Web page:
|Haworth Parsonage, Autumn Evening|
"My home is humble and unattractive to strangers, but to me it contains what I shall find nowhere else in the world - the profound, the intense affection which brothers and sisters feel for each other when their minds are cast in the same mould, their ideas from the same source - when they have clung to each other from childhood ...", said Charlotte Brontë in 1841
|Detail showing the sisters|
And there they are again, inside the plain, solid, somewhat comfortless house (their father brooked no curtains or carpets for fear of fire, apparently) looking out of the windows.
I once read a Freudian interpretation of Wuthering Heights, the author of which had counted the number of times that windows and doors featured in the work. Having lived with the facade of Haworth Parsonage for a couple of weeks I have to say that windows were an architectural feature the Brontës must have had an awful lot of trouble ignoring in their day-to-day lives.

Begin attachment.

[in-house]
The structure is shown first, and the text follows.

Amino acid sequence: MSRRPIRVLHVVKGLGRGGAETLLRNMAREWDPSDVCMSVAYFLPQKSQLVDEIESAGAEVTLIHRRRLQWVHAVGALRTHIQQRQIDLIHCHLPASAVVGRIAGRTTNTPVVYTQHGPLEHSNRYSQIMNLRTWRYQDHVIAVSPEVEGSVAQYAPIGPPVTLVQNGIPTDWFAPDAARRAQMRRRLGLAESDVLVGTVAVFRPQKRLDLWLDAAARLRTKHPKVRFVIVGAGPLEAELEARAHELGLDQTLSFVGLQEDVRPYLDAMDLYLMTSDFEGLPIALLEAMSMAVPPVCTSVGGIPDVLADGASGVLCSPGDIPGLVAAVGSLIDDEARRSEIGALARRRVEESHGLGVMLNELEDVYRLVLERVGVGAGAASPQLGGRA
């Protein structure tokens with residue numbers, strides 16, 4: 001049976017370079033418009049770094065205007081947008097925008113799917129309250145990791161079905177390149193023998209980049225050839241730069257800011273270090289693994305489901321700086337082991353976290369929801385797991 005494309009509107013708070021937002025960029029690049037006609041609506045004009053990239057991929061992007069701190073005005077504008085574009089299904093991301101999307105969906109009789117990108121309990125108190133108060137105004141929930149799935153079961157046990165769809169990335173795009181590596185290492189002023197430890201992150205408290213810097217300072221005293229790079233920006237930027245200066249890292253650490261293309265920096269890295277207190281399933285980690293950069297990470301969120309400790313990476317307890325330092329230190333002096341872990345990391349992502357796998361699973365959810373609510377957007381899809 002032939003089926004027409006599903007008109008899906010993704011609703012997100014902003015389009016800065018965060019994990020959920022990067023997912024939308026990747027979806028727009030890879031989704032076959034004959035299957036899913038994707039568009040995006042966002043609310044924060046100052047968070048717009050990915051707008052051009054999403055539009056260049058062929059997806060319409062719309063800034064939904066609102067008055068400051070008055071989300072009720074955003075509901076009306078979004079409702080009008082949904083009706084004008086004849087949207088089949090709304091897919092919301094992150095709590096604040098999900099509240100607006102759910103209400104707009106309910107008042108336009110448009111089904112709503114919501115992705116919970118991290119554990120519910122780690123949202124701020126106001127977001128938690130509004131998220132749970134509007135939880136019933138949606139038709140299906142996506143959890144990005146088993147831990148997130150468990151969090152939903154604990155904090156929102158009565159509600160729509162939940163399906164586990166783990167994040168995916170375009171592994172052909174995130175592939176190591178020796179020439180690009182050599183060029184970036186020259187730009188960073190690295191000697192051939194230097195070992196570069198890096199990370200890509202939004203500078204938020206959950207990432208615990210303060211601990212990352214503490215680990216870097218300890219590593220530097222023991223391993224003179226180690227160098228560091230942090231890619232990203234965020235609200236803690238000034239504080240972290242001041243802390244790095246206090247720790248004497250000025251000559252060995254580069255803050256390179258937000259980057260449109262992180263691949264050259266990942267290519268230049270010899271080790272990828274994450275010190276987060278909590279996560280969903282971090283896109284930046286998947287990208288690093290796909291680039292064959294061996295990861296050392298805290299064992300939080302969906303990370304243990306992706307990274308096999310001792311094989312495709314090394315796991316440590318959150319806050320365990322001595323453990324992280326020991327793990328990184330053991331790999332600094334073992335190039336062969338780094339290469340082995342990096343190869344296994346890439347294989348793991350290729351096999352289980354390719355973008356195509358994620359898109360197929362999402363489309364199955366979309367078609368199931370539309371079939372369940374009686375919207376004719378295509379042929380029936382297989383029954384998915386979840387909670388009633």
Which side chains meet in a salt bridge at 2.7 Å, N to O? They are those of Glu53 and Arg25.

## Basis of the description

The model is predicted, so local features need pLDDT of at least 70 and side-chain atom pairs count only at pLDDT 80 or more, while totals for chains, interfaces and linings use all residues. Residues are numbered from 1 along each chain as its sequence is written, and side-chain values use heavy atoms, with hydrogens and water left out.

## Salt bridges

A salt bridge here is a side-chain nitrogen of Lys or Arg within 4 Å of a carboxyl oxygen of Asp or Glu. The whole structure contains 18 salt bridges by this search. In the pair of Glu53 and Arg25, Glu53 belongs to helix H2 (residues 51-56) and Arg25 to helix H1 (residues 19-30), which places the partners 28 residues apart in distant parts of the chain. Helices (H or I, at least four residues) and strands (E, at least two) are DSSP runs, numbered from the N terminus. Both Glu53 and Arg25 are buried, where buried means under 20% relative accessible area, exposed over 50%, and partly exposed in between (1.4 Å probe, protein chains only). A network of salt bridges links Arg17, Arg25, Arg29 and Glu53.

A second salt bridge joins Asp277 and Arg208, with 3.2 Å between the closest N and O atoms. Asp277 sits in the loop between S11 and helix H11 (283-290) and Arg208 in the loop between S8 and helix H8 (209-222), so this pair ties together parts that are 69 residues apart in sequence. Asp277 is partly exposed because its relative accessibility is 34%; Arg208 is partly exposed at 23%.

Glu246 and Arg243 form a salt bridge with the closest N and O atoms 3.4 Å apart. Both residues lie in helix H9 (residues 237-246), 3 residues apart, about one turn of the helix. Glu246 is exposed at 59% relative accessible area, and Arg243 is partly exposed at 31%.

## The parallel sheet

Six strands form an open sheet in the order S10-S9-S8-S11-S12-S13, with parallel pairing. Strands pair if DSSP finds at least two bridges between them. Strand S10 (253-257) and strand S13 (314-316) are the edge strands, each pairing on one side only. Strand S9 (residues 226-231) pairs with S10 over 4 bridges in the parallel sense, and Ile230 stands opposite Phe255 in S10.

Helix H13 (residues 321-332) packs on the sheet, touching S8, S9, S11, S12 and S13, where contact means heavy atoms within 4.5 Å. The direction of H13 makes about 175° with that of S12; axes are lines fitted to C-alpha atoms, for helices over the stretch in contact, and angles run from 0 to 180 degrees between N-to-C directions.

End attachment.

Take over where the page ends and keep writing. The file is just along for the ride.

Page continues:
They certainly had me cursing with the fiddly panes.
Eight years after Charlotte Brontë wrote the lines quoted above, she was to write to her friend, wryly laughing off the suggestion she take a companion (her siblings having died in the intervening years):
"... the young person whom I might request to come and bury herself in the hills of Haworth - to take a church and stony churchyard for her prospect - the dead silence of a village parsonage - in which the tick of the clock is heard all day long - and a grave, silent spinster for her companion ..."
Needless to say she didn't wish the fate on anyone.
Now that does sound a grim and tragic scenario, but even that isn't as grim and tragic as the one which would be the lot of their father who outlived them all by six years,
I feel a bleaker parsonage picture coming on ....